Price we pay in health for biomass is steep

To the editor:

Dr. Kristin Shrader-Frechette’s second article predicts conservatively 40 deaths (compared to two from coal), 75 heart attacks, 730 asthma attacks and more than 4,000 lost workdays annually from the Jasper Clean Energy Center. Her first article revealed ultrafine particulates are 65 times more toxic than the equivalent mass of coal particulates. Multiple independent university scientists reviewed both articles prior to publication, which suggests how the public health world would judge Jasper’s biomass incinerator. Both the city’s response and The Herald newspaper coverage failed to mention the multiplier from the first article and the second article’s projected tragic human toll.

Last week, southern Indiana’s ozone unhealthy zone was three times larger than the unhealthy area for the other 49 states combined (EPA website, June 20). IDEM deserves another F because Indiana boasts more counties with particulate nonattainment levels than California (eight versus seven, from the website of Bingham Greenebaum Doll,; Dubois County ranks among the nation’s worst 2 percent, one of only 66 failing of 3,142 counties. Yet our city officials are not only paying lawyers to find any way to retaliate against Healthy Dubois County members (December 2012 Jasper Utility Service Board meeting) but stated publicly they will consult lawyers first regarding “their best interest” before responding to articles from Dr. Shrader-Frechette, a Catholic Digest “Hero” and 2004 World Technology Award in Ethics winner.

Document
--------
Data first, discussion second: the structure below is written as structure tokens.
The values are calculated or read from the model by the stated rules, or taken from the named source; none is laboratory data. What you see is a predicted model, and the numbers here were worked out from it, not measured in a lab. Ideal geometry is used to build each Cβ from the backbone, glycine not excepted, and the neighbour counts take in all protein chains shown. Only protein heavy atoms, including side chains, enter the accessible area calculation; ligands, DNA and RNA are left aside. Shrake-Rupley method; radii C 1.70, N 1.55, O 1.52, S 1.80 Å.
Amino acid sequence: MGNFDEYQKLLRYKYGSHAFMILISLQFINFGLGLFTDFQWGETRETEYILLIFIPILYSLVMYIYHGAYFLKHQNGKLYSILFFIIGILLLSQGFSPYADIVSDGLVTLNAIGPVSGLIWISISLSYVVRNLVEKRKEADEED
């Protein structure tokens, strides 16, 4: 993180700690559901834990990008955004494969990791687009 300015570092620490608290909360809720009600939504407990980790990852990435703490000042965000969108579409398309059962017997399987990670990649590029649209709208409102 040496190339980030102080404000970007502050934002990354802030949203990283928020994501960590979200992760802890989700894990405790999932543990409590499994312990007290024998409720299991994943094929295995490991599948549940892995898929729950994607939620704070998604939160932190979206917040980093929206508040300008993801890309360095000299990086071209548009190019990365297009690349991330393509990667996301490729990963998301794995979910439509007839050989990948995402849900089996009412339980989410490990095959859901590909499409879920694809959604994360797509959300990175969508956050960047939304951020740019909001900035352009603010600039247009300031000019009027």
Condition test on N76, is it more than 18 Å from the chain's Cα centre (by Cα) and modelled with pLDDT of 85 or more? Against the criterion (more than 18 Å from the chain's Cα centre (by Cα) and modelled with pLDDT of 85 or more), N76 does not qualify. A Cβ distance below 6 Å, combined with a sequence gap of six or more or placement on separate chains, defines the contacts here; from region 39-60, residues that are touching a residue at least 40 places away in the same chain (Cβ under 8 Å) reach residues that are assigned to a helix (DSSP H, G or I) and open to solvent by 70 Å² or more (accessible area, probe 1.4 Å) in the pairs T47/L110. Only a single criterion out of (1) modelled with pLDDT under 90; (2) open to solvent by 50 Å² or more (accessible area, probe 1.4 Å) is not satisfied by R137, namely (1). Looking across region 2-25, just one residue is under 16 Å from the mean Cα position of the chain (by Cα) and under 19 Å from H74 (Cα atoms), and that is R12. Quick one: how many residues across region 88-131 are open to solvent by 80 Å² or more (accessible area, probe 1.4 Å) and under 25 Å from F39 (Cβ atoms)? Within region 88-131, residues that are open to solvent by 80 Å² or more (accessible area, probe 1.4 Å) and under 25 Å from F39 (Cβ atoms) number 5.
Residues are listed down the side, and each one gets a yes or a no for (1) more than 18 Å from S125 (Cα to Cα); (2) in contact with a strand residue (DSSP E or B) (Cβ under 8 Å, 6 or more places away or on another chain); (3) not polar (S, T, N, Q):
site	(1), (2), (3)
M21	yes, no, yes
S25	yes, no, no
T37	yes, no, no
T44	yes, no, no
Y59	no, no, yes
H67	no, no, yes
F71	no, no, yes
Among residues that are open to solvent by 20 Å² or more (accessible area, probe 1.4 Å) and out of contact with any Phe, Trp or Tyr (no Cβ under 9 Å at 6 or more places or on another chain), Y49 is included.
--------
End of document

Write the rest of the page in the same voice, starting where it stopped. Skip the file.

The recent Beaver Lake issue has been interesting to witness given the past two to- three years of biomass controversy. Beaver Lake is ironically just downwind of the power plant when the pollution blows east. The reality of the current water level appears to differ from city calculations and measurements, yet property owners’ reports that the math doesn’t match haven’t been met with cries of “misinformation”; pictures are worth a thousand words. An apparently unaccounted-for factor has affected the final water level from the new spillway, costing property owners who deserve to be heard.

Whatever affected the water levels appears unintentional but should be a wake-up call for Jasper officials to account for ultrafine toxicity and respect — rather than retaliate against — concerned citizens. The intentional and inevitable future “fallout” from their biomass incinerator will be far more deadly than Beaver Lake’s exposed docks.

—Norma Kreilein M.D., FAAP

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